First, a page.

SOLANA BEACH — Having previously agreed it would be better to demolish and rebuild rather than renovate the nearly 75-year-old lifeguard station at Fletcher Cove, council members at the Oct. 11 meeting unanimously authorized the release of a request for qualifications and proposals.
The existing 1,480- square-foot structure built around 1943 doesn’t meet current lifeguard needs and the list of features that don’t meet Americans with Disabilities Act requirements “is extensive,” the staff report states.
The perimeter foundation is deteriorating, a second floor captain’s office is accessible only by climbing a ladder and the break room and first aid station are shared.
Last year Stephen Dalton Architects conducted a needs assessment and feasibility study to determine whether the building should be renovated or replaced.
The results, presented at a June 2017 meeting, indicate nearly all the components are degraded and past their useful and expected life.
After consulting with lifeguards to evaluate their needs, it was determined the new marine safety center should be between 3,700 and 4,800 square feet.
Presented with three options, council members agreed raze-and-rebuild was the best alternative. But they had concerns about the proposed size.
At an estimated 4,770 square feet and $4 million price tag, it was the largest and most expensive option to serve Solana Beach’s 1.7 miles of beach.
By comparison, Del Mar has 2.5 miles of beach and an approximately 2,800-square-foot marine safety center. The 3.5 miles of sand at Moonlight Beach in Encinitas are served by a 3,250-square-foot facility.
The scope of work will include preliminary design drawings, cost estimates and landscaping, grading and drainage plans.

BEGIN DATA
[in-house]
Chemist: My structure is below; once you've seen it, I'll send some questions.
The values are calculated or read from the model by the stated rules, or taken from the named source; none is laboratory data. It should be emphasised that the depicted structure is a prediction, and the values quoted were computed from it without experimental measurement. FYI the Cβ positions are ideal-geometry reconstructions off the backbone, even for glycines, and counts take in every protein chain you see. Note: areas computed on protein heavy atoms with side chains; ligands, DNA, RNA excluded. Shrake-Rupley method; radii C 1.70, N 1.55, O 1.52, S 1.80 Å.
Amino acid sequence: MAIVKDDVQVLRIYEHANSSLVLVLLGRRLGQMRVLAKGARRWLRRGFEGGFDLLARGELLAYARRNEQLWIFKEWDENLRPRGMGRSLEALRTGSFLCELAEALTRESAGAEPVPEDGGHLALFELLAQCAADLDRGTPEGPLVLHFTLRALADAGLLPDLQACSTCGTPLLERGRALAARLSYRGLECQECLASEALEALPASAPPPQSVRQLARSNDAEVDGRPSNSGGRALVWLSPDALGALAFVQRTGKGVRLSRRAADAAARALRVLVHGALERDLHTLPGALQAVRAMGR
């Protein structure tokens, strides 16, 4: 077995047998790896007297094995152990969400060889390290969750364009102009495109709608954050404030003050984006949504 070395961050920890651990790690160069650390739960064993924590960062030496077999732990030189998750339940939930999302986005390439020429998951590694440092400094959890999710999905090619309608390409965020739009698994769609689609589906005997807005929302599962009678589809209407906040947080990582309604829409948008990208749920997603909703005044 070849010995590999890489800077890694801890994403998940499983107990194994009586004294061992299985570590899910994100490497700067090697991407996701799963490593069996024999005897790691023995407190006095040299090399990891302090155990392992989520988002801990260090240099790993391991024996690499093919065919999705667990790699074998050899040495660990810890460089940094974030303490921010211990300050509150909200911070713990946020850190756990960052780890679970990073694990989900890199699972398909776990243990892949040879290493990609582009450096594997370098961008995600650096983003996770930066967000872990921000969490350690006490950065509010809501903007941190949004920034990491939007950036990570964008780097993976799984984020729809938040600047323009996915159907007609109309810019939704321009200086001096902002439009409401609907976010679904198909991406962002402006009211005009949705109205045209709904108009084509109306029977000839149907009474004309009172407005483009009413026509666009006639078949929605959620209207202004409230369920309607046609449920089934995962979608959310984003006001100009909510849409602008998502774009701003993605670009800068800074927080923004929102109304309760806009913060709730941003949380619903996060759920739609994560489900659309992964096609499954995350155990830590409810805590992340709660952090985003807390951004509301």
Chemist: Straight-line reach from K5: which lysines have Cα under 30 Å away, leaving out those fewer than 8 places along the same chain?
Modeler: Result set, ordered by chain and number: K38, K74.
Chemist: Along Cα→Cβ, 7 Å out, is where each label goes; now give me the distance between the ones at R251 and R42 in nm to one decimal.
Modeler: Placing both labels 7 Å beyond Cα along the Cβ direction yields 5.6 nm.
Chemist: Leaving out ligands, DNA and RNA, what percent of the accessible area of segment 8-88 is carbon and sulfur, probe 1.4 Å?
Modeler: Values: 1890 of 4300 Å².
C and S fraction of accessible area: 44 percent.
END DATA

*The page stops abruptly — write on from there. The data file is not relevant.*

The request for qualifications and proposals will also limit the size to no more than 4,000 square feet, or about 16 percent smaller than the maximum size proposed in June.
Councilwoman Ginger Marshall said that still may be too big for the site.
“Personally, I think 4,000 square feet is huge,” she said. “I mean, they’re doing a great job with 1,500 square feet.
“I don’t want to see the Taj Mahal in little Fletcher Cove,” Marshall added. “I want to see a building that fits in with the bulk and scale and doesn’t dwarf Fletcher Cove. … I would be happier with 2,500 to 3,000 square feet and I’d like to see story poles, too.”
Mayor Mike Nichols said he would prefer to let the experts decide how big the facility should be, but during his visits he found the existing building to be “pretty jam-packed.”
“And there are things stored outside that probably shouldn’t be,” he added.
Adding to the proposed square footage is a storage garage for items such as personal water craft and inflatable rescue boats.
Lt. Jason Shook said some of those are currently kept inside so accessibility is an issue because they are on the second level.
“It’s very compact,” he said. “As we continue to grow, we’re already outgrowing that building as it is, and not necessarily the way it’s built and the way it’s holding up but just the size of it.”
Shook said the department had to get rid of one boat that was stored outside because the elements were ruining it.
Given the estimated high cost and emotional attachment some residents may have to the building, council members said community support for the project could be mixed.
“There’s going to have to be some convincing sales work of the community to redo this building or fundraising or any of those alternate kinds of activities,” Councilwoman Judy Hegenauer said.
“I would like to see an open house at the marine safety building where everybody has to climb the ladder to see … what these folks have been contending with so that they will be convinced that yes, we do need a new marine safety center,” she added.
Once a consultant is hired it is estimated the preliminary work will cost $125,000, which is included in the budget but not funded.
City Manager Greg Wade said council allocated $400,000 from last year’s surplus for unidentified capital improvement projects.
“In staff’s mind we have several projects, this being among them, that potentially could be allocated funding from that CIP,” Wade said.
Once the preliminary design is completed and permits are obtained, staff estimates it will cost an additional $450,000 for environmental studies and final plans.
Workshops will be held so the community can provide design input.
Council members will have the final say at each step as the project moves forward.